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Assembly advances bill allowing to-go cocktails at bars without food order

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SACRAMENTO -- California residents may soon be able to order takeaway cocktails with fewer restrictions, after a state Assembly committee approved the legislation Wednesday.

The bill would eliminate a requirement for customers to order a bona fide meal with their drink purchases -- meaning bars that don't serve food could sell alcohol to go.

The bill also allows alcoholic beverage delivery, including on third-party delivery apps, for both restaurants and bars.

A bartender pours a cocktail for fully vaccinated customers at the bar inside Risky Business, a private members-only club, that was once The Other Door but closed during the Covid-19 pandemic in the North Hollywood neighborhood of Los Angeles, California on May 21, 2021.  PATRICK T. FALLON/AFP via Getty Images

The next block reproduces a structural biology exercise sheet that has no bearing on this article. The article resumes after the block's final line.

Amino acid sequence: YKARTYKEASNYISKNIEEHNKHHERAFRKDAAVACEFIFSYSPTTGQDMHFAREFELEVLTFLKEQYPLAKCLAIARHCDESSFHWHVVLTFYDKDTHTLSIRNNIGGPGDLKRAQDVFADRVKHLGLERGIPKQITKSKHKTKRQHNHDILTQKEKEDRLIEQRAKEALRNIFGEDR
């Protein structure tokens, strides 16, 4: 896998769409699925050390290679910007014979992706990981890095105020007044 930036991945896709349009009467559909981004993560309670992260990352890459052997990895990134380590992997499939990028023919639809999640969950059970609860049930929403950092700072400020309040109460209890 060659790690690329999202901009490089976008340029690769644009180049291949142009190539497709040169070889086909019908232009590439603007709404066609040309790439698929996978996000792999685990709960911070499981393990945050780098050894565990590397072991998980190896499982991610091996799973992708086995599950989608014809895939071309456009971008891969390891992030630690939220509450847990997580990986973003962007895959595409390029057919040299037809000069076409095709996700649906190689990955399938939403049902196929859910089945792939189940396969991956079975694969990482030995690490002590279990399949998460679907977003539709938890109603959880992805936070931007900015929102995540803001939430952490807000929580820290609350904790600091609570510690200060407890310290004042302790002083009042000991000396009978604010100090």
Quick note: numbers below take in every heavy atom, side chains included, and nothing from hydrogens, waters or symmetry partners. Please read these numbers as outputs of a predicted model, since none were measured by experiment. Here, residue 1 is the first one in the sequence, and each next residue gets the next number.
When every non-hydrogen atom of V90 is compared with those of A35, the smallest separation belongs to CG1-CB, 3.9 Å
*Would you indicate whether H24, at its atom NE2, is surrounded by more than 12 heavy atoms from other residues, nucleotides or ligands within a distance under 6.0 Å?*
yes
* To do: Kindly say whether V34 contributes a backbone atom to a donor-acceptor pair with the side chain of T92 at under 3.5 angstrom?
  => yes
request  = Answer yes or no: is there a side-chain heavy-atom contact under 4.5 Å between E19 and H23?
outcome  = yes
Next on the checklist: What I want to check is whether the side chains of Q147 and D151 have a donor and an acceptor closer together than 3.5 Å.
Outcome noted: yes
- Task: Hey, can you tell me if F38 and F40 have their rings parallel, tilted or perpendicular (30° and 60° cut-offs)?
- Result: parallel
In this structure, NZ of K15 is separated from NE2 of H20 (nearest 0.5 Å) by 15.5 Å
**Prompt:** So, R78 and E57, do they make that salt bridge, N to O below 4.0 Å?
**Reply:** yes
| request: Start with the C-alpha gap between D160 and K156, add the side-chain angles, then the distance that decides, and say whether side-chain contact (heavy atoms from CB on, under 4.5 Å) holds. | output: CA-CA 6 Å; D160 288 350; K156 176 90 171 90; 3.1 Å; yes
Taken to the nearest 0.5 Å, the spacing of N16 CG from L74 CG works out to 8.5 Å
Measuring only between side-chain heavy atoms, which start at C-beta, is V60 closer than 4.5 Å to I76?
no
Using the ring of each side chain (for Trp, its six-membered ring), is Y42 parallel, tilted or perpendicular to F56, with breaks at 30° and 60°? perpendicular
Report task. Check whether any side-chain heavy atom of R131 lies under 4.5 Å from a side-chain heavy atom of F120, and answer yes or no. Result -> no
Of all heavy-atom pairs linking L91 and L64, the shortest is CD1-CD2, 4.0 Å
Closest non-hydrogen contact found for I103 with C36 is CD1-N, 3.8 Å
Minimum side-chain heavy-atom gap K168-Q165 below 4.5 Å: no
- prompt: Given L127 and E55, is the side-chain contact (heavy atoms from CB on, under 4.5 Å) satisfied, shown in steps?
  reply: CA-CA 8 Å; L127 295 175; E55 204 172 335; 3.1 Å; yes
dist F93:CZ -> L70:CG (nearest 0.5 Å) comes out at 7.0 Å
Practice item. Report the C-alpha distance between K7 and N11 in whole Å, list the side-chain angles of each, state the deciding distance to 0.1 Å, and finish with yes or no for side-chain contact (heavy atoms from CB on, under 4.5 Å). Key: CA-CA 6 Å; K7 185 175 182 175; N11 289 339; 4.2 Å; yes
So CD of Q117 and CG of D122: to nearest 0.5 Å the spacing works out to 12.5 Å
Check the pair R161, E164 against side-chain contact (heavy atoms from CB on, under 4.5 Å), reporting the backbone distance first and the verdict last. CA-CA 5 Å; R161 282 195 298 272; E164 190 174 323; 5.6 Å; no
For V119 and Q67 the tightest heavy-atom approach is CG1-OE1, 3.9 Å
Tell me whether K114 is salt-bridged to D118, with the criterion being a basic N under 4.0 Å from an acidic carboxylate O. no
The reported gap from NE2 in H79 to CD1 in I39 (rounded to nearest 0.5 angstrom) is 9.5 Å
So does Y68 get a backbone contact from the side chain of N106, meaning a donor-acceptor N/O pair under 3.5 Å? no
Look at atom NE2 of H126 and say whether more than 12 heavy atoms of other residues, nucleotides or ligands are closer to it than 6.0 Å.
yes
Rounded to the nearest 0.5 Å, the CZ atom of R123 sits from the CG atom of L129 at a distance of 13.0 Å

The legislation, introduced by Sen. Bill Dodd, D-Napa, follows a previous temporary relief measure for struggling food and beverage services during the COVID-19 pandemic. In a news release, Dodd said it was approved by the Assembly Governmental Organization Committee with overwhelming support.

Matt Sutton, senior vice president of government affairs and public policy for the California Restaurant Association, said the bill comes at a critical time for small businesses still recovering from the COVID-19 closures.

"Reinstating the ability for neighborhood restaurants to use more channels to serve their guests offsite, as SB 846 does, meets changed consumer expectations while adding public safety protections. A time-tested, carefully crafted policy that is a true win-win," Sutton said in a statement. 


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